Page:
Paint Finishes for Concrete Relief

Let me show you one of the easiest art techniques – really! Since it’s already cast these Paint finishes for concrete relief are crazy simple but quite impressive.

The Beauty of Relief

It was actually a lot of fun to do the sculpting of this piece, and the making of the mold was a ‘piece of cake’ (don’t roll your eyes!) Well, now you can make as many as you like and if something goes wrong you can have more… I like that!

The paints I use are mid quality acrylic paints. Try to buy artist quality rather than dollar store paint; it does make a difference. I especially like Liquitex; their metallics are amazing.

I mostly used white and black since Pip was a black and white dog but needed the other colours for the browns of his eyes. The Concrete tile is well cured and bone dry.

The reason relief works so well is that the work is already done. I figured this out many many years ago when my family used to buy greenware from a ceramics supply. We could choose whatever mold we wanted and they would pour the greenware (clay before firing) and we could glaze (paint with underglaze) and bring back for firing. We painted/glazed a lot of Beer Steins! It was not as daunting as first thought since you applied the basic colour like a colouring book and wiped off to give the dimension. Tada; easy peasy. I think we ended up with about 50 beer steins…

This is the same concept. I had scratched so much of the texture into the sculpture that would make finishing crazy simple.

Bringing out details:

To make the first layer pick up the details of depth the paint needs to be thinned quite a bit. It’s better to be too thin than too thick. It can be thinned with matt medium if you want extra longevity but I like using water more as then it has a better chance of sinking into the rough texture of the concrete. The more it sinks in the better it will last if outdoors. The paint flows naturally into the deep crevices and makes those darker.

It already looks so much more defined in just 2 minutes; like a 3D drawing! The depth of the eyes has also come out since they were deeply sculpted. It’s perfectly fine to just leave as is. Sometimes simple is best!

Adding a bit more:

Ok, so I tend to never want to stop… the curse of being an illustrator! If you want more contrasts now you can add highlights; that will make the ‘peaks’ even lighter. Use a soft brush and only very small amounts of undiluted paint to just wisp over the top texture. I like to have a paper towel to take some of the extra paint off. This is called ‘dry brushing’ – another important technique for relief painting.

For this one I kept it simple and only added a bit more black wash to the nose and eyes. It is monochromatic (one colour scheme) and I like that it still holds the fact that it is concrete. Thick coats of paint always lose the charm of the concrete and looks like a bad plastic version.

Just a bit extra:

Whoa! This is just a couple steps more than the last one! After the dry brushing some more black wash was added in his dark areas of fur. The eyes were painted with a brown wash, black nose, collar etc. That back ground is some dry brushing with the copper liquitex paint. I am always impressed at how a super small dab of this metallic can have that cast metal effect. I have noticed that my planters outside have lasted well with it also.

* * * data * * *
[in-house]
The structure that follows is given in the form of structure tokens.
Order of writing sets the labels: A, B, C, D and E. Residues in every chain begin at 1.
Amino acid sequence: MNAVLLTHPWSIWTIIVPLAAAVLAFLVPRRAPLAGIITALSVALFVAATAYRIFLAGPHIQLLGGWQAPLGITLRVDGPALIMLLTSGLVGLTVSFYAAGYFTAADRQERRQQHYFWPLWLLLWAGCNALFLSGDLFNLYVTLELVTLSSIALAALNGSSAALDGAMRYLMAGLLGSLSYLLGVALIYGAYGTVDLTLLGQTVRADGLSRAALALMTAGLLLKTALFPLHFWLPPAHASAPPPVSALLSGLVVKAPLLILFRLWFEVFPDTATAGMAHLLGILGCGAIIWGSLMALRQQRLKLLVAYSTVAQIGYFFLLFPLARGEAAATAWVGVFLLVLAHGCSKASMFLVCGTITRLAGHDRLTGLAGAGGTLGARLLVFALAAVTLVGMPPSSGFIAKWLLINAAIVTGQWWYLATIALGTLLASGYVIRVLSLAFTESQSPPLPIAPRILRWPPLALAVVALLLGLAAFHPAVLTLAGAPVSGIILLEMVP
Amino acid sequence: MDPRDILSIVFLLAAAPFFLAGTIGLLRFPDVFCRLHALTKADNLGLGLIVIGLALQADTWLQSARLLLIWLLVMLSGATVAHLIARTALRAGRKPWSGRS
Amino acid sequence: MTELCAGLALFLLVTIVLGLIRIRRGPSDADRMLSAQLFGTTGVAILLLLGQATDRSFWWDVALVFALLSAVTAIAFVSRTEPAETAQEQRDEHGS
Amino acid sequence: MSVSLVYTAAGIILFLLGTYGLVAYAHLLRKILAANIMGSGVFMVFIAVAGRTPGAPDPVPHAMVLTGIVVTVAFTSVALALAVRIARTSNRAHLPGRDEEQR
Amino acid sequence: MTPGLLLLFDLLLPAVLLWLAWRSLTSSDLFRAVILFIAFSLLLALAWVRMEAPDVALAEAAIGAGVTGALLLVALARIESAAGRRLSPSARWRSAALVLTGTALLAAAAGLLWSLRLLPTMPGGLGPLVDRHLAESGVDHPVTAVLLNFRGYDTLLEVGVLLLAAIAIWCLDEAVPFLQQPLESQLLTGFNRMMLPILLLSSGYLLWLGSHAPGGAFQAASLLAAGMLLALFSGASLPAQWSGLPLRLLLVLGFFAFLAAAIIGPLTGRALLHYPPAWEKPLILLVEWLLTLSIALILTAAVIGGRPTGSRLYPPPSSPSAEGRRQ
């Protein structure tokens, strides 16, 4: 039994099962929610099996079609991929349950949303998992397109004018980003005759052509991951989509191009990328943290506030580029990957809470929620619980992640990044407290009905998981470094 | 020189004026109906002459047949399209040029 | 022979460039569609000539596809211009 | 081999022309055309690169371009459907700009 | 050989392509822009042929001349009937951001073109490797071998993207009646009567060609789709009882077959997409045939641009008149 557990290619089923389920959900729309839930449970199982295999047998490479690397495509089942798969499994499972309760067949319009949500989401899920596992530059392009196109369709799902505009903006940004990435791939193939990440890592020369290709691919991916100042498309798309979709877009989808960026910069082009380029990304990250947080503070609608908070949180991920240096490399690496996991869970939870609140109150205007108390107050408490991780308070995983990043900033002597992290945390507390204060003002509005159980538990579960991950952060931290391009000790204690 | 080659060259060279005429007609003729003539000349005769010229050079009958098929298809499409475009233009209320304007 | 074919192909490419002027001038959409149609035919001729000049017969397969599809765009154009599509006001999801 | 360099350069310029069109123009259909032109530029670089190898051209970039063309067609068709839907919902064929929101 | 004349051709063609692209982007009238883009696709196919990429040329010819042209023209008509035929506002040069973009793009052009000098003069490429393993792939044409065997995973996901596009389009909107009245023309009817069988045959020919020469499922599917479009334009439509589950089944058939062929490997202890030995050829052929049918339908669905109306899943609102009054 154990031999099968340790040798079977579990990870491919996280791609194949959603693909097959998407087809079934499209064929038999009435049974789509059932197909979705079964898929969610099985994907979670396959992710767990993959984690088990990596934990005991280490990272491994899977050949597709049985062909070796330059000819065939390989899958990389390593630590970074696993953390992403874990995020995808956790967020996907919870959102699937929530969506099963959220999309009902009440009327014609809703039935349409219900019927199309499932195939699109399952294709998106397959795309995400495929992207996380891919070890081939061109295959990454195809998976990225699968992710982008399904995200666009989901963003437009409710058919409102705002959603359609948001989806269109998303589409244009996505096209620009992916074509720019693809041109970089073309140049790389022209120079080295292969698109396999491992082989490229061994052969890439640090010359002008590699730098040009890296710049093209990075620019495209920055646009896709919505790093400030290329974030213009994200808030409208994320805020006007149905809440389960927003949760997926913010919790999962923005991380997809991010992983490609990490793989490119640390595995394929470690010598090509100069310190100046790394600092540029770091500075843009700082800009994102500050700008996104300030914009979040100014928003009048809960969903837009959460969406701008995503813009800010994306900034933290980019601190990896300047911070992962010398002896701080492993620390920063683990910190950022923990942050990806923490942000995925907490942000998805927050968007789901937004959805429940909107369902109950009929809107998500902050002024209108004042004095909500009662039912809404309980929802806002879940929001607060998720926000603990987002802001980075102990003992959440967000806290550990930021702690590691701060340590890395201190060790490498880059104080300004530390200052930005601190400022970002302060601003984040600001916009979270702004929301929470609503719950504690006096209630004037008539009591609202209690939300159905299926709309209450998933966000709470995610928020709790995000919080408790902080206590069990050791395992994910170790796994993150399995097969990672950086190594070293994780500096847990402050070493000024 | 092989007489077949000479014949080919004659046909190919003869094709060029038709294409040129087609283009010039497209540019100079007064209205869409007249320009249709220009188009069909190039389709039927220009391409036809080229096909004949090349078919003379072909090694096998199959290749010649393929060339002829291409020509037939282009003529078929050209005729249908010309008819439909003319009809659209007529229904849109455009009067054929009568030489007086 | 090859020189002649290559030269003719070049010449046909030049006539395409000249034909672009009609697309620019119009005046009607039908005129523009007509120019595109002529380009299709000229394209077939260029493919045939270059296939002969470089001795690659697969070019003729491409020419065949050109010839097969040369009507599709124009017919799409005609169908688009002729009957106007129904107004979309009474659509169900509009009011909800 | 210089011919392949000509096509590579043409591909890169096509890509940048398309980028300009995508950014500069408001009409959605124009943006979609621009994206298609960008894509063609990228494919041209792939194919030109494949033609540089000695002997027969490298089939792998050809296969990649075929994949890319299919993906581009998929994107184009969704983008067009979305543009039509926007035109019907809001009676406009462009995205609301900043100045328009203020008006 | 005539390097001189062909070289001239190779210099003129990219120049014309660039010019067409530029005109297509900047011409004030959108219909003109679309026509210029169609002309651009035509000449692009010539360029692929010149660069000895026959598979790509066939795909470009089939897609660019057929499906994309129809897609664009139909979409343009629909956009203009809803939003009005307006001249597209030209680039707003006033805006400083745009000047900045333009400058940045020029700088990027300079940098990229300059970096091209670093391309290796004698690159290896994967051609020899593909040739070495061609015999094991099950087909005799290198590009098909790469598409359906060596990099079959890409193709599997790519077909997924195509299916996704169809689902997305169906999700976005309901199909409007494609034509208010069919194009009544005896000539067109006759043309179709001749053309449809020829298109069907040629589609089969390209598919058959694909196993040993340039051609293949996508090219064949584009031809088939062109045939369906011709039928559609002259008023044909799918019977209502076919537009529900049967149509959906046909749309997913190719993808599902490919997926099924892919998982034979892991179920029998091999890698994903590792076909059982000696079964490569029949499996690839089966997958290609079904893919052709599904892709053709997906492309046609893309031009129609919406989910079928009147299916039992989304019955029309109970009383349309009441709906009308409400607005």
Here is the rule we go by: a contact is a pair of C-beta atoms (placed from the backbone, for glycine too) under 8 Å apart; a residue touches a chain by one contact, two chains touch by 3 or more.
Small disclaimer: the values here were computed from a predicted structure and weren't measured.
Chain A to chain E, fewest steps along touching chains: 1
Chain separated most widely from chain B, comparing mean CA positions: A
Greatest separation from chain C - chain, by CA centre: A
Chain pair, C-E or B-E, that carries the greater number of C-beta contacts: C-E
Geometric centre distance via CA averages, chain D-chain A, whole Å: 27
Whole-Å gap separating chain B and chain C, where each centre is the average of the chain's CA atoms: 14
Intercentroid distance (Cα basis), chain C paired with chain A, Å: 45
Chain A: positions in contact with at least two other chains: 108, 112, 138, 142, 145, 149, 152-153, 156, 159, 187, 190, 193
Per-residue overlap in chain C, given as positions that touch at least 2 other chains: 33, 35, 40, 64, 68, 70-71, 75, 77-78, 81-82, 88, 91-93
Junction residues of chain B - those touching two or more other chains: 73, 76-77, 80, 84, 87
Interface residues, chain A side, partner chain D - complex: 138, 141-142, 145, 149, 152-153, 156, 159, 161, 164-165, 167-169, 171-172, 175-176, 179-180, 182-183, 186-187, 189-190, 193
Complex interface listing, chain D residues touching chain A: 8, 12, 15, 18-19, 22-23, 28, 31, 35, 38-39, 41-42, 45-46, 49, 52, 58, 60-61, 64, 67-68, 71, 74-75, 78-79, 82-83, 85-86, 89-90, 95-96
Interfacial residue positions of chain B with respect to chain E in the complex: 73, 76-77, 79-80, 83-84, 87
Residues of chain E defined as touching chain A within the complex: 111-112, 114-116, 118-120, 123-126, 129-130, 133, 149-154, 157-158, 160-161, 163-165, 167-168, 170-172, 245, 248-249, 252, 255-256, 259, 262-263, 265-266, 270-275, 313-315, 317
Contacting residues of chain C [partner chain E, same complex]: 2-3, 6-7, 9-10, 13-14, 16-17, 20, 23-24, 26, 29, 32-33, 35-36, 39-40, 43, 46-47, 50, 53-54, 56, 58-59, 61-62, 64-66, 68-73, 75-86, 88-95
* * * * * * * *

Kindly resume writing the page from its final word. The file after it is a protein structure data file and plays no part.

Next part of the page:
My heart jumps when I pass it by as it looks just like him…

So many options and all effective! Don’t be intimidated; working in plasticine is quite forgiving. I’m itching to do more…

No drawing or fancy painting talents were needed to get these details. They just ‘happen’ by themselves. The rough concrete comes through and makes me think of the permanence of rock… It’s something you can actually touch… compared to a computer screen! We need a bit more of that these days!

Sweet Boy! Forever cast in concrete… and in my heart! Thanks for coming along my journey.

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  1. Hello Barb, You never cease to amaze me. The bas relief of your Pup is gorgeous. I am surprised that you are surprised at how they turned out. You have a great eye and I appreciate and thank you for sharing your projects.

  2. Hi Barb, your work is amazing and I quite often look to you for inspiration! I have a question or two, you’re using plasticine clay over concrete?? How does it hold together? Do you seal it after you’re finished? Can you use plasticine over hypertufa? This would make what I want to do soooo much easier!!! Can’t wait to hear back from you!!!

    Thanks for all you do,

    1. The plasticine is what I used to make the original sculpture, from that I made the silicone mold and then used that silicone mold for the concrete. So the concrete and plasticine are not together. I hope you understand. Plasticine isn’t really meant as a long term sculpture in my opionion.

  3. Beautiful work, and brings me to some questions: would you use the same technique on a plaster relief? Or, would the plaster need to be sealed with something (what?) before the painting step? Is plaster more porous than concrete so that wiping paint from the higher parts of the relief might be impossible?
    Thanks in advance for any insights.

    1. I think the plaster and concrete are similar in porosity. Plaster is so soft that wiping will actually take some of the plaster off (like a subtle sanding) if not covered by the paint too much. A thin seal of an acrylic medium (matte or gloss, depending what you like) will keep it from absorbing too quickly. Another option is dry-brushing with light tones. Best bet; be subtle and build up with minimal paint to as to not ‘clog up’ the details… ‘Hope that helps!